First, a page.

Many of the boats have very small cabins for the captain to operate from. The Vietnamese people are used to squatting, but I will admit to being a little surprised when I saw them driving the boat in this position, sometimes even steering with their feet.
Similar to the weird and wonderful things you see on the back of motorbikes in Vietnam, almost anything goes with boat transportation.
These ferries, carrying passengers and their motorbikes scoot back and forth across the river all day.
All boats in Vietnam (except the sampans) have eyes! There are many myths surrounding these eyes but the most common relate to the good spirits bringing the boats back to shore safely, and also to ward off bad spirits in general. The fronts of boats will be painted red, black or blue, depending on their purpose.
The floating markets were one of the highlights along the river and we were lucky enough to see two. The best part is that they are still the authentic trading markets they have always been without a tourist souvenir in sight.
The faces of the river
Wherever we went, we were usually followed by a group of children. The kids on the bikes rode around after us in one of the small villages.
Similarly, when we were on the water, sometimes passing other boats quite closely, we were always ready with a wave.
I was always on the lookout around the houses as usually a child would appear from somewhere to call out and wave.
As we were touring through a local school, we stopped at the shop to meet the owner. Before long, she had thrust her baby onto my husband !
These kids were hilarious. I was actually doing a cooking class at the time when they grabbed my attention. These guys wanted to dance and they all thought it was funny when I made up my own moves to mirror theirs !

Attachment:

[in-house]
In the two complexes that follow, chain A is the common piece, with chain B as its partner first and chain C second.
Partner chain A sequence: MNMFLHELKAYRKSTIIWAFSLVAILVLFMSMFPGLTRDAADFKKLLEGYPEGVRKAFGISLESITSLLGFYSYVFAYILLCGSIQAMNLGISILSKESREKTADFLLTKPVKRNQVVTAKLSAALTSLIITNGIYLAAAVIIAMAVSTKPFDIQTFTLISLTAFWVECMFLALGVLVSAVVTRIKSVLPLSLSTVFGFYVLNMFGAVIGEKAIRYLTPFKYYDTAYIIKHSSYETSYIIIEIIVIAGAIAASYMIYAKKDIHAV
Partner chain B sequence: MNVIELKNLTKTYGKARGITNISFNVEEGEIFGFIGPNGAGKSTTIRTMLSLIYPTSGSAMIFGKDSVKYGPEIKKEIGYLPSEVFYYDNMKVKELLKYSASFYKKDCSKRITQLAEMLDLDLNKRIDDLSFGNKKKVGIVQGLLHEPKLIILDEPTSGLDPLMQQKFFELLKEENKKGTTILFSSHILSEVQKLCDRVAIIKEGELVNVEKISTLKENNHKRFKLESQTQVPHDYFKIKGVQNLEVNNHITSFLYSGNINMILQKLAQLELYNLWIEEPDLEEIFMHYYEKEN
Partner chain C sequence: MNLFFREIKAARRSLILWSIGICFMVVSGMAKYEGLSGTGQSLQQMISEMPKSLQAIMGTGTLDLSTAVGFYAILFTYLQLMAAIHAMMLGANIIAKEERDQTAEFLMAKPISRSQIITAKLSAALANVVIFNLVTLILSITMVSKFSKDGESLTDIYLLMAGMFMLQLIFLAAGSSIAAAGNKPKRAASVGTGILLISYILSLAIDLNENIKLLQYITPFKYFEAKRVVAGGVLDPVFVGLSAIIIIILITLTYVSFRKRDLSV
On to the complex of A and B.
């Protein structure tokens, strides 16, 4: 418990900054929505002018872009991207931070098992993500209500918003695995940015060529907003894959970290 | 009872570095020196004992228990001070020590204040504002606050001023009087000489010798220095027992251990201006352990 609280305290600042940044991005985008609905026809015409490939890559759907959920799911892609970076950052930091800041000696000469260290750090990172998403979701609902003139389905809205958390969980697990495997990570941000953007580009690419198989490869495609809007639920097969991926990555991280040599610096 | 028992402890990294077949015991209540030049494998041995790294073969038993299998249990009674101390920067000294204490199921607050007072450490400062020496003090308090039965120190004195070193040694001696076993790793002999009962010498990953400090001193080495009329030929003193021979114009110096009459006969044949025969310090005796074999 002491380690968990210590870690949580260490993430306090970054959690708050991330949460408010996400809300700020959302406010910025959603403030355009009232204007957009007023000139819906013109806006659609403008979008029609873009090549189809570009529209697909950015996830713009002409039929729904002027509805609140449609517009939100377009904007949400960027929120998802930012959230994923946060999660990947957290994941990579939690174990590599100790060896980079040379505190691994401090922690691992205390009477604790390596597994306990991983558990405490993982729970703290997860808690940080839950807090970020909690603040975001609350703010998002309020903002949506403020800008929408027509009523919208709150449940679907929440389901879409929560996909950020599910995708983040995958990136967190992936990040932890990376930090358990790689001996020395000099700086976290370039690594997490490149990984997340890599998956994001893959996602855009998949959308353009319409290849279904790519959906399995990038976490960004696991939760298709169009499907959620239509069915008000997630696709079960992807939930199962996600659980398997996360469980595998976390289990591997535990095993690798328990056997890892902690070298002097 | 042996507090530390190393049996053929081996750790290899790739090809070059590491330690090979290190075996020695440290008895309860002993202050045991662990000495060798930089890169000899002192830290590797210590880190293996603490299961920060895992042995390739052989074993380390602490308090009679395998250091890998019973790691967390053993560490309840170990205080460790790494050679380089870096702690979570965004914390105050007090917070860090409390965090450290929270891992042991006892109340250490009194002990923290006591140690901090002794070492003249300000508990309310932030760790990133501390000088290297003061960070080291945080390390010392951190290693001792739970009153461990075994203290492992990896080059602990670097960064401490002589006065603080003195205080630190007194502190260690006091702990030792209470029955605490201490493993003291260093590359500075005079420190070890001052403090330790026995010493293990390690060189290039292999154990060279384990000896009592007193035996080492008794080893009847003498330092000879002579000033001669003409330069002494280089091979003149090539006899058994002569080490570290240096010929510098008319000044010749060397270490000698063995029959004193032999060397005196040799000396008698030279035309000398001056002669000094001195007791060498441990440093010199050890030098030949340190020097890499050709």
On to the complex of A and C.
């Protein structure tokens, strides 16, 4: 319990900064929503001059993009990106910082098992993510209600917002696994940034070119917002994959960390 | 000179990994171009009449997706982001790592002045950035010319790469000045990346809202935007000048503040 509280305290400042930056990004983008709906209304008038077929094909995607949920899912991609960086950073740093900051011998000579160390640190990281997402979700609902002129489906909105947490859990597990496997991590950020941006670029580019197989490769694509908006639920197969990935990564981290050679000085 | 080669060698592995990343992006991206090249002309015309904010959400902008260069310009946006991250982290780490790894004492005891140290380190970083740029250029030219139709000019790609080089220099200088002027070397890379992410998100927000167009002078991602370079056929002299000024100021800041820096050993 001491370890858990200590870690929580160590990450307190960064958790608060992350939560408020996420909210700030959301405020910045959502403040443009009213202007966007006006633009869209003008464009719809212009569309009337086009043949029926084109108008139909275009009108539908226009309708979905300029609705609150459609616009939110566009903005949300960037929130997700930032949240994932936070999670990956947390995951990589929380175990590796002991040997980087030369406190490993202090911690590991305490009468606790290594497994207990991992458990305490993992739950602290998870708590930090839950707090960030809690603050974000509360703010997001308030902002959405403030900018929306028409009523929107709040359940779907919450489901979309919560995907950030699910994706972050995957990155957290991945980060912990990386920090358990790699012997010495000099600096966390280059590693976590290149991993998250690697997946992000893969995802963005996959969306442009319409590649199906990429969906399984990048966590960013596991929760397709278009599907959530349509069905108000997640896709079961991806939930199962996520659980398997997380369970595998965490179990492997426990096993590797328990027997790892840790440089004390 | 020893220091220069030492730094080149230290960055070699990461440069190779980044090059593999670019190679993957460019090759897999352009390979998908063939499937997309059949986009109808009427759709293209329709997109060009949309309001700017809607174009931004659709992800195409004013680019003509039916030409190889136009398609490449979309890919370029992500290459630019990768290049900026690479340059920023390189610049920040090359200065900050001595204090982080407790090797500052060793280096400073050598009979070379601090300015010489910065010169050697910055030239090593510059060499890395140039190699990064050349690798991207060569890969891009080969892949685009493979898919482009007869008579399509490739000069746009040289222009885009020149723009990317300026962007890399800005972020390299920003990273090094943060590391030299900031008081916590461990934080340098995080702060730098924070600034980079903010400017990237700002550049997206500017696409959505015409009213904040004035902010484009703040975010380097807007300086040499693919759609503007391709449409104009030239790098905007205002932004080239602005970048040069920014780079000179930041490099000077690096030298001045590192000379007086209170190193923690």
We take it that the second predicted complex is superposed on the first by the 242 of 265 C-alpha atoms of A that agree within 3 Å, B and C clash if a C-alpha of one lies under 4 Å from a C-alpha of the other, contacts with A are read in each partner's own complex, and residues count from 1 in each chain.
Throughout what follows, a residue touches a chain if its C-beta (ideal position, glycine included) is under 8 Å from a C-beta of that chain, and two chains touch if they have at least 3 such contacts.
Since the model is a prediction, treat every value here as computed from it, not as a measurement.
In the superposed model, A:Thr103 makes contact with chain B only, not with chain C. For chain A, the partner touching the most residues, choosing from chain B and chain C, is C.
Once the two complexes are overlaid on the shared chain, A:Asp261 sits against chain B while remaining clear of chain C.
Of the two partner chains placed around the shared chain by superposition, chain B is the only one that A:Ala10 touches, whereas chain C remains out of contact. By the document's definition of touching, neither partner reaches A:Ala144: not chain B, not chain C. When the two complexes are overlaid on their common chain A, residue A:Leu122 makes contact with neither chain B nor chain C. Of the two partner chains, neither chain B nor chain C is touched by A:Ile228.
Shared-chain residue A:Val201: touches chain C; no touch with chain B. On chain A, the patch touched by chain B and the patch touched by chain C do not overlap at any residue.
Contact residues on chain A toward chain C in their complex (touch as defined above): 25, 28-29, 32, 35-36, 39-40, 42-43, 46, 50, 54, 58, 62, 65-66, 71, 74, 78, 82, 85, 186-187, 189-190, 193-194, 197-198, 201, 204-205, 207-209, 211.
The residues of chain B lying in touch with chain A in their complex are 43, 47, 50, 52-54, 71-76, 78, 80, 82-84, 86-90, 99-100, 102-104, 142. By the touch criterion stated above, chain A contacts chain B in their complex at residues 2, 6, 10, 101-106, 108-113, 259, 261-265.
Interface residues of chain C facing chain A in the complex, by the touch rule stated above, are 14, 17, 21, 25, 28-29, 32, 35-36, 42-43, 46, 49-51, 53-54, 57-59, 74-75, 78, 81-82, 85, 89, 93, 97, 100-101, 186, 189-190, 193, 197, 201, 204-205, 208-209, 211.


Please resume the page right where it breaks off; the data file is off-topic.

Work on the river
Not only does the work happen on the river, but it’s also busy behind the scenes, often in small and very hot buildings.
The Mekong Delta is full of great contrast and a beauty that can only truly be understood and appreciated by visiting here. If you’ve not been, then I hope my stories and these images provide you with inspiration. Who knows, perhaps one day you might just get to see it for yourself. There are some excellent tours through the Mekong Delta to tempt you.
Looking to stay in Can Tho ahead of your Mekong Delta trip? Hotelscombined.com has plenty of options for this area.
46 thoughts on “The many faces of the river – a photographic journey through the Mekong Delta”
Thanks Paul. It’s always great to have something to go back to a place for.
I think spending quality time here and not just a night really helps uncover a lot more.
Pleasure thanks Karla.
Yes many of the houses are just hanging in there.
Hey Jarrod, all done with a Panasonic Lumix G7.
SO very true Karla
What I love about this is that it shows us how locals really live. You learn about their culture and all of that. This is how it should be.
Wow, this looks like a place with an immense amount of character and the picture you have taken sure do a good job at expressing this!
What camera do you use?
It seems like such a unique place to visit! I would be so scared to be in one of the houses though, they really are at the mercy of the river tides! I liked the pictures you took of the locals as it is something I try to do also when I travel, sometimes faces tell a bigger story than architecture.
What a fascinating look at this often-overlooked area! I love photo essays, especially when they are of daily life in an area, so this post really grabbed me! Thanks for all of the information.